Mortgage deep freeze still looking dangerous

Mortgage deep freeze Australia COVID-19 banks property housing

When around one in every ten Australian mortgages “took a holiday’’, the idea was that it would be a temporary COVID-19 measure and repayments would begin again afterwards.

Now that time has arrived and after emerging from the deep freeze after six months, that tangled mass of frozen mortgages is proving very difficult to thaw.

The most recent August figures from the banking regulator, APRA (Australian Prudential Regulation Authority), show that 9% of housing loans, worth $160 billion, are still on hold.

Small business loans were even worse, with 16.2% worth $53 billion still frozen – only a little below the peak figure.

Thaw is very slow so far

In total during August, just $10 billion worth of loans were thawed, leaving $229 billion frozen – including that $160 billion in mortgages.

All of the banks are trying to project an image of calm and say they are in discussions with their customers to begin repayments again or negotiate different repayment options such as progressing to interest only loans or a longer loan holiday.

However, with the economic effect of the pandemic still very much with us and the government income assistance measures such as JobKeeper and JobSeeker beginning to wind down, we really have arrived at the crunch period.

Extensions push the problem into next year

It is true that in July the banks announced a four-month extension to the deferral program beyond its planned September end date, but even at that time they warned it wouldn’t be automatic and that any customer who can afford to start repaying their mortgage or business loan will be expected to do so.

Another deadline to remember is the Australian Bankers’ Association credit rating amnesty which now extends until at least March 2021.

That means that banks will not report borrowers to credit agencies for missing payments as long as they were up to date with their repayments before their loan deferrals were granted.

From then onwards, credit ratings will start to be impacted.

Differences emerging between states and banks

This frozen mortgage problem can be kicked down the road for a while longer but it is getting much closer to reaching a head now and there are some interesting differences emerging between the banks and also between the states.

While Melbourne has suffered the worst lockdowns of any Australian capital city and the most negative effect on jobs, the worst state by far for persistently frozen loans is Queensland.

While Queensland has so far fared really well infection-wise out of the pandemic, with the state opening up ahead of most other states, the tightly supervised state border has effectively closed down the state’s large tourist industry to interstate and international visitors.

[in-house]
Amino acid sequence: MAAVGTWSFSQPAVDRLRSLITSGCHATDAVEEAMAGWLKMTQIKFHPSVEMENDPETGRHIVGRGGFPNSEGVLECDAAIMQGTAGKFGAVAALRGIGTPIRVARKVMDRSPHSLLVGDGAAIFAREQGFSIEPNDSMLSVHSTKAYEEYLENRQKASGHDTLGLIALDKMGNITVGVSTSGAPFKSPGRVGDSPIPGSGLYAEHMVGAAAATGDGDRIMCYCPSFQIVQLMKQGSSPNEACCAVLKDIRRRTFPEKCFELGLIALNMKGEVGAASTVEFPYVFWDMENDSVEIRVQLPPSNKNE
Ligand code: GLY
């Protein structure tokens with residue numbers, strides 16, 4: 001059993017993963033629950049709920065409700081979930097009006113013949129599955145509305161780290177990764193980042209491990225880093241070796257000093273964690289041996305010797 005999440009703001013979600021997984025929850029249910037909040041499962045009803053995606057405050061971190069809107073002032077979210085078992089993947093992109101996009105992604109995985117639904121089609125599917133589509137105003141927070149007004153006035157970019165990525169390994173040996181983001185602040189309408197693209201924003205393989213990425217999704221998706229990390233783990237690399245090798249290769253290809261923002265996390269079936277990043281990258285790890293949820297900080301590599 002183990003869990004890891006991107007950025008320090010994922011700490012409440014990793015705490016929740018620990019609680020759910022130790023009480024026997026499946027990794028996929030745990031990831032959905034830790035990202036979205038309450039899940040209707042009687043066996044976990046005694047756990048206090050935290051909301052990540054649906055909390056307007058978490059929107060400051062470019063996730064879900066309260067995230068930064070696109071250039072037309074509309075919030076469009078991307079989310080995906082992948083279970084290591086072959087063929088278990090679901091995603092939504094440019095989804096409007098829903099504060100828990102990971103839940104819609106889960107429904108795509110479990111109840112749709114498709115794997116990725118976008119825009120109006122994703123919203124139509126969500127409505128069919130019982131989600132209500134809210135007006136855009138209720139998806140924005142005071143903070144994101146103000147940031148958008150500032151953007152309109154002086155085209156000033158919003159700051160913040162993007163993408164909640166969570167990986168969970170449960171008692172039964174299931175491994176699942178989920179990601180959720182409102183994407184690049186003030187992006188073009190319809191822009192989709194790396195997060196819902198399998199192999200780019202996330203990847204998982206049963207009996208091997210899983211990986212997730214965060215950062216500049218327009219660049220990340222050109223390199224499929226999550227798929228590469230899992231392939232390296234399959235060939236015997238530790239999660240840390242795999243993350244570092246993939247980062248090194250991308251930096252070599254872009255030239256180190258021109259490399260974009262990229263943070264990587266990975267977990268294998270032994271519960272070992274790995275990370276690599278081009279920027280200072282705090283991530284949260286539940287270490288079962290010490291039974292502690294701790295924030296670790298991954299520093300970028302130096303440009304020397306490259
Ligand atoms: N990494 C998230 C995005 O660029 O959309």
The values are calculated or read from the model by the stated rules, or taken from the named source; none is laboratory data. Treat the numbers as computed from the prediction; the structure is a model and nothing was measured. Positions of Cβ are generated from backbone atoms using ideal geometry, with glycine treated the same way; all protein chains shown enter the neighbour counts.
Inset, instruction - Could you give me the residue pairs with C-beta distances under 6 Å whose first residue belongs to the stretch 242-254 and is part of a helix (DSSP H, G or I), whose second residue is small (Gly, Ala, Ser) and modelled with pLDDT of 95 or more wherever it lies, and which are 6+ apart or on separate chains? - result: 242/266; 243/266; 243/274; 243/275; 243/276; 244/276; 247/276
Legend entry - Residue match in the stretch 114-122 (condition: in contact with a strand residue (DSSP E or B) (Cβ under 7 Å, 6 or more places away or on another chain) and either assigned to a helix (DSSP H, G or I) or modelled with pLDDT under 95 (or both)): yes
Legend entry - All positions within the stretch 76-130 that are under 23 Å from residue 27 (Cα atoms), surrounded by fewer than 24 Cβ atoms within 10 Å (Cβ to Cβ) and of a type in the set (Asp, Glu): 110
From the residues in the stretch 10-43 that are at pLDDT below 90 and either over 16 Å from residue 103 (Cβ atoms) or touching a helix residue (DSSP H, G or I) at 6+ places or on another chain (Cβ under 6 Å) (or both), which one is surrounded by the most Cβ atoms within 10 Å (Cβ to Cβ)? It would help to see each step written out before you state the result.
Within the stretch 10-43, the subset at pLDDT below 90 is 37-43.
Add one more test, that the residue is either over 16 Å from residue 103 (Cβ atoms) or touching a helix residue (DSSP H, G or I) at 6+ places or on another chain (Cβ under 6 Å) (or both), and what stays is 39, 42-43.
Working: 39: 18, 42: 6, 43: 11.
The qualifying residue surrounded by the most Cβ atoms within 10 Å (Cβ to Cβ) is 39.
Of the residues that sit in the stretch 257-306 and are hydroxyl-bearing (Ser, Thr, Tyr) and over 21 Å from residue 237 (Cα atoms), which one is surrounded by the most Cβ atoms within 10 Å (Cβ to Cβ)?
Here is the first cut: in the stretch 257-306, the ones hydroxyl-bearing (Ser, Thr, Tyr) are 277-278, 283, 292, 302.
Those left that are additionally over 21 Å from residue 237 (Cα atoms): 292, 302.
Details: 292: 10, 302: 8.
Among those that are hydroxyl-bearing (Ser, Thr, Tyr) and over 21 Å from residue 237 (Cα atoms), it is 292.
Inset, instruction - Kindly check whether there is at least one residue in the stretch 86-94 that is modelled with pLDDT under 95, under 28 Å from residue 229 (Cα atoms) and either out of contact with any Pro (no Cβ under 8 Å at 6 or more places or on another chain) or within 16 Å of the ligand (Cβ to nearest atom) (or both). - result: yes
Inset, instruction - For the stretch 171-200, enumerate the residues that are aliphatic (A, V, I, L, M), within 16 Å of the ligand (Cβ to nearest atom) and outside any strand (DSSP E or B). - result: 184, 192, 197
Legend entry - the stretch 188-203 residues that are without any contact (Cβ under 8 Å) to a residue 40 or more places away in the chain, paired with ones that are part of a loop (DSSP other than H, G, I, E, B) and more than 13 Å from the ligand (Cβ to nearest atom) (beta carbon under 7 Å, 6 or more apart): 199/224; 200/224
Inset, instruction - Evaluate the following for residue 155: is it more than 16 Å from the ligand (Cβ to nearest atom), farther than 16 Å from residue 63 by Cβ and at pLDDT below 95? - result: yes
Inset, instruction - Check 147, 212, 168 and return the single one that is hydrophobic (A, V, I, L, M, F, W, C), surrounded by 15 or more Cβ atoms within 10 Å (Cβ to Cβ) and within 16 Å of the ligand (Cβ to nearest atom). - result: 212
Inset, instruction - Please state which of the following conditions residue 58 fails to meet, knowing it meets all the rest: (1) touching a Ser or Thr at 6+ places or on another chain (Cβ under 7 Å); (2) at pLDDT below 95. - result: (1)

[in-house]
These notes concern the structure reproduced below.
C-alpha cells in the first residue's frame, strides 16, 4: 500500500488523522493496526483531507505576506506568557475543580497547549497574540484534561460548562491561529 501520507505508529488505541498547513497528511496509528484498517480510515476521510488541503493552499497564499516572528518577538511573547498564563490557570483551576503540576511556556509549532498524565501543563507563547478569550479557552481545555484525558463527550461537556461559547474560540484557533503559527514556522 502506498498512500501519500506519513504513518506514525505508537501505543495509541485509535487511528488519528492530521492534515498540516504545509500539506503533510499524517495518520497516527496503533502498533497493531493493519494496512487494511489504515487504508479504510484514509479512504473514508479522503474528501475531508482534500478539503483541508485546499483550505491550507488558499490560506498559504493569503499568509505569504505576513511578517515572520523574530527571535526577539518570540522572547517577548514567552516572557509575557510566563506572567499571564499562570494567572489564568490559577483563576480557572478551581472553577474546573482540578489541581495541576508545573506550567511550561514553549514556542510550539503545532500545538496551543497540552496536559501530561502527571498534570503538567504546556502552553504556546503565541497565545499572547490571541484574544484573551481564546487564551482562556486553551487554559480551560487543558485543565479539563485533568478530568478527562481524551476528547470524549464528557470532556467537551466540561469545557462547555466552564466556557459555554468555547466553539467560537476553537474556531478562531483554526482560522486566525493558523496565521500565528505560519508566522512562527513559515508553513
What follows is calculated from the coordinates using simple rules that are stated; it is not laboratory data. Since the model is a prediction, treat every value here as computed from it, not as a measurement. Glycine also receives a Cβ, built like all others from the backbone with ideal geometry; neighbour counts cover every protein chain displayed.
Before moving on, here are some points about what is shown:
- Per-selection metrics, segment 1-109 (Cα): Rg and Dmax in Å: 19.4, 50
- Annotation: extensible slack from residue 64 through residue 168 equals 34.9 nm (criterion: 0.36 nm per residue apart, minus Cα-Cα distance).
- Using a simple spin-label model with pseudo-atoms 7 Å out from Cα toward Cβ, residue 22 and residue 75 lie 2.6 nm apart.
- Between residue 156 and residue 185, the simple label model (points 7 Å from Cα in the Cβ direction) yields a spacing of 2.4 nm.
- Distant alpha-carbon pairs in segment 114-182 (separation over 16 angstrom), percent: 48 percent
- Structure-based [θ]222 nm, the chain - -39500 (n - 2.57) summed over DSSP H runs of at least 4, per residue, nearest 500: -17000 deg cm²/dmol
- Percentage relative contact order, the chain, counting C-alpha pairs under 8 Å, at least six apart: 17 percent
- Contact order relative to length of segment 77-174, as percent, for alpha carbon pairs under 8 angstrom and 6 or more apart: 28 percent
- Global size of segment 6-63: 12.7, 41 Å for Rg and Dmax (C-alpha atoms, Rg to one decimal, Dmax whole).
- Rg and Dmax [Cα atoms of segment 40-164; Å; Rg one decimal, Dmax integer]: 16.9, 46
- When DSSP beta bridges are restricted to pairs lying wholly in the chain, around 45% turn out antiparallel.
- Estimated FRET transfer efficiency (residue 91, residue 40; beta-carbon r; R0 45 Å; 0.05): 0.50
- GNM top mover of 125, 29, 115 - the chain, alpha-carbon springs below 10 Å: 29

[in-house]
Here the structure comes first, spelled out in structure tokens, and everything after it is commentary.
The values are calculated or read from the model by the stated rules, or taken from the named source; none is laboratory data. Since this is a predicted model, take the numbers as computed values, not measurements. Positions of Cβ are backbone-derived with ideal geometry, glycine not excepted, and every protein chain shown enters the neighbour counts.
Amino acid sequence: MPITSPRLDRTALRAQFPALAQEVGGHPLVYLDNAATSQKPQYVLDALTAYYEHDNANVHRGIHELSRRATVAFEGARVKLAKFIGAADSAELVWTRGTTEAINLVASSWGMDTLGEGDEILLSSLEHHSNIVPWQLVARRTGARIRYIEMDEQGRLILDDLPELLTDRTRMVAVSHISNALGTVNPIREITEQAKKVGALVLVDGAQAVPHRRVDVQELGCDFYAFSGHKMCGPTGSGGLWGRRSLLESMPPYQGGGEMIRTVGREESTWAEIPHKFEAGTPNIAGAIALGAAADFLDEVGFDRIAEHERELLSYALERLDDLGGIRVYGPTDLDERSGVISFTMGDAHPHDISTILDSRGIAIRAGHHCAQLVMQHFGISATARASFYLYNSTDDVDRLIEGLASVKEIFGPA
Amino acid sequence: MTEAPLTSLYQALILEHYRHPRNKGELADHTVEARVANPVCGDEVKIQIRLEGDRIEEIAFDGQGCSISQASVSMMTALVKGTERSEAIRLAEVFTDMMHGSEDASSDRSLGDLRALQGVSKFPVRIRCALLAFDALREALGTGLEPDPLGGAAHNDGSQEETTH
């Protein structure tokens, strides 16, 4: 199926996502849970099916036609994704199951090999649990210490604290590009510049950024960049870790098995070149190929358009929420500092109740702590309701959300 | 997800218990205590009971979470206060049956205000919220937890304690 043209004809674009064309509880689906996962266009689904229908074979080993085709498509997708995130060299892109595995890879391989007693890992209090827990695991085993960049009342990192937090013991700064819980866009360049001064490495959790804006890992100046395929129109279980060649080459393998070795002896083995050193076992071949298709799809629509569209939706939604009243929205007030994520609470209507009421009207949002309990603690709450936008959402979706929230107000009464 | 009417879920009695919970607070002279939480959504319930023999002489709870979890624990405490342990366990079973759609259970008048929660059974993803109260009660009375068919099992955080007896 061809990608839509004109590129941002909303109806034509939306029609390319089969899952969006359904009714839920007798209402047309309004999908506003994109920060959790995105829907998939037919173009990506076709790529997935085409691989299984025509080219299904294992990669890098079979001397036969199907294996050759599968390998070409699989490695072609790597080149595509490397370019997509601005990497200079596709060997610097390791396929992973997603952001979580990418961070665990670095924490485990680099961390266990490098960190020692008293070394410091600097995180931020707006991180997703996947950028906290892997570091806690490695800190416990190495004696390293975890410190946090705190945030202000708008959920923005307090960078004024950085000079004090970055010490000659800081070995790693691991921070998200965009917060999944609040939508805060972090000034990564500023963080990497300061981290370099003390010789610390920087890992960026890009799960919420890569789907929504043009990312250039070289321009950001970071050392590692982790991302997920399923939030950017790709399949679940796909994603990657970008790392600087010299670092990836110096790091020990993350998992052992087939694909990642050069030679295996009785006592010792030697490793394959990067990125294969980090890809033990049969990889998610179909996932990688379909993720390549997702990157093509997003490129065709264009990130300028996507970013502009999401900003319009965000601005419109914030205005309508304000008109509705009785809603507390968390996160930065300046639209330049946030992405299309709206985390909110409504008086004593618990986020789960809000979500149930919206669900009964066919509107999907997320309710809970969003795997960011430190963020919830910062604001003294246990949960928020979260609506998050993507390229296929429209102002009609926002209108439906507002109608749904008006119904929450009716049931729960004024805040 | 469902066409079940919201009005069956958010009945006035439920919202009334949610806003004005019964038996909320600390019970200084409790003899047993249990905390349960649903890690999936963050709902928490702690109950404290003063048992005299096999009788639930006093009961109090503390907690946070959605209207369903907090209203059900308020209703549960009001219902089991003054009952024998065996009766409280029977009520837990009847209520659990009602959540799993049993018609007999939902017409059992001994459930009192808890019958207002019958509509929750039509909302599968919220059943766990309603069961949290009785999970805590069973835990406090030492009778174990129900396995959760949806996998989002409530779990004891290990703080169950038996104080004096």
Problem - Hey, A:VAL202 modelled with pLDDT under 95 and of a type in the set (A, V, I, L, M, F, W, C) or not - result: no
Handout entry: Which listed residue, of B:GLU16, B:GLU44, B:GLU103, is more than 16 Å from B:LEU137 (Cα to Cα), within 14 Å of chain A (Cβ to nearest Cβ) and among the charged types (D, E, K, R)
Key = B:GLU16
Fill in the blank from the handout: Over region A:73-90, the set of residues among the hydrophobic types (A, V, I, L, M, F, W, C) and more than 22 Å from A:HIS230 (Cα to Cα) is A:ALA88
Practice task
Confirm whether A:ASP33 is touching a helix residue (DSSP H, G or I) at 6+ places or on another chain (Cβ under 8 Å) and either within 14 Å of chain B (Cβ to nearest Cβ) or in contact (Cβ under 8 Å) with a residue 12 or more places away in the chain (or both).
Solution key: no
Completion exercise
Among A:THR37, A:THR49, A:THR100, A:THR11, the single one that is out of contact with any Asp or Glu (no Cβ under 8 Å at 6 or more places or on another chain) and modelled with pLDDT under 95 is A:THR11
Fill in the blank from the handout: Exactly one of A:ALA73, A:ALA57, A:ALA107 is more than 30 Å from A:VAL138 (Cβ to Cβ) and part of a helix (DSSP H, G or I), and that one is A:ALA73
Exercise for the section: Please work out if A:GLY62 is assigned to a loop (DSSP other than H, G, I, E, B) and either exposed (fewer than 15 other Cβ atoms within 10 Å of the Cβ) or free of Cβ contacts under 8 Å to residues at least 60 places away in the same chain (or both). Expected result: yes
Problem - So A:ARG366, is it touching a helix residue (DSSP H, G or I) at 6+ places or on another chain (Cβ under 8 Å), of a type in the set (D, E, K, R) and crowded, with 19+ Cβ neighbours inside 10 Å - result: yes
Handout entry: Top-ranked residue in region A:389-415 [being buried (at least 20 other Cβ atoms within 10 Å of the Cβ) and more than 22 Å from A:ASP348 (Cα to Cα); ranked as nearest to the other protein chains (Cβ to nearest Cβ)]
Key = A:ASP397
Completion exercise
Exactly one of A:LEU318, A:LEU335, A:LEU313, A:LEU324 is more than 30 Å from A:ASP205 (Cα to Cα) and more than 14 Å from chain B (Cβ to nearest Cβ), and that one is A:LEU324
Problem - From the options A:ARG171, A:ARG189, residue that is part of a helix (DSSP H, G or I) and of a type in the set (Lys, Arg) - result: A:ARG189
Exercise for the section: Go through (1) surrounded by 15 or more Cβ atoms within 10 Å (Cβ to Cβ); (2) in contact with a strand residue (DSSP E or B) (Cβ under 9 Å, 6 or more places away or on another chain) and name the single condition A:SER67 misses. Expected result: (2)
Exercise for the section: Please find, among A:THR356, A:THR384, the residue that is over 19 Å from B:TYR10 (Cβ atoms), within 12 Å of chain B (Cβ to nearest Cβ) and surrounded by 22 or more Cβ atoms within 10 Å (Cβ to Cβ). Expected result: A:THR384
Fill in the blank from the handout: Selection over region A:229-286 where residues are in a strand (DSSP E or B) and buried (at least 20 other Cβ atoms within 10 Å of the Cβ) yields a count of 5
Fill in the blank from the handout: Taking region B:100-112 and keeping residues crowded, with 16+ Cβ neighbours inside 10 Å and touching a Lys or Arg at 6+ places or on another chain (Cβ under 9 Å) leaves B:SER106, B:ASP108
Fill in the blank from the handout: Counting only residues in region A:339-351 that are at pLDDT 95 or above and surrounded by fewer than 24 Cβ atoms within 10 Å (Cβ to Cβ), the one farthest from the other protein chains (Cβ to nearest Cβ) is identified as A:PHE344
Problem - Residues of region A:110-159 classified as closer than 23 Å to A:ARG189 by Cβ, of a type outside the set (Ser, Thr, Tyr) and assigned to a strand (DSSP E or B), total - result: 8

Credit analysis company Equifax said nine of the top 10 regions in the country where mortgage payments have been put on hold with the big four banks were in the Sunshine state.

Tourist areas hit hardest

The worst hit areas within Queensland are all tourism hubs including the Whitsundays, Noosa, Surfers Paradise, Coolangatta, Broadbeach-Burleigh, Mudgeeraba-Tallebudgera, Southport, the Gold Coast Hinterland and Cairns.

Similarly, some of the fringe suburbs of Melbourne have also been hit hard with frozen mortgages.

On the banking side, Commonwealth has basically matched the national trend with $5.7 billion worth of CBA’s deferred loans expired or exited during August, while only $2.3 billion worth of loans entered a new deferral or had their deferrals extended.

Overall, in August exits from loan deferrals outweighed new deferrals with $24 billion of loans expiring or exiting deferral, and $14 billion worth of loans entering deferral or having their deferrals extended.

On the August APRA figures which are the latest available the most exposed banks include Bank of Queensland, NAB, AMP and ME Bank, which all have more than 10% of their loans frozen.

NAB, the Commonwealth Bank, Bendigo Bank and Bank of Queensland all managed to exit many more customers than entered their hardship program.

So far, the big banks expect the total of bad loans at the end of the pandemic to be around $7 billion, although due to the unprecedented nature of the pandemic this should be treated as a little more uncertain than most bank predictions.

Once the loan extensions and holidays have been exhausted, those who can’t begin to repay their loans due to unemployment will be faced with the unappealing task of selling up and re-entering the rental market.

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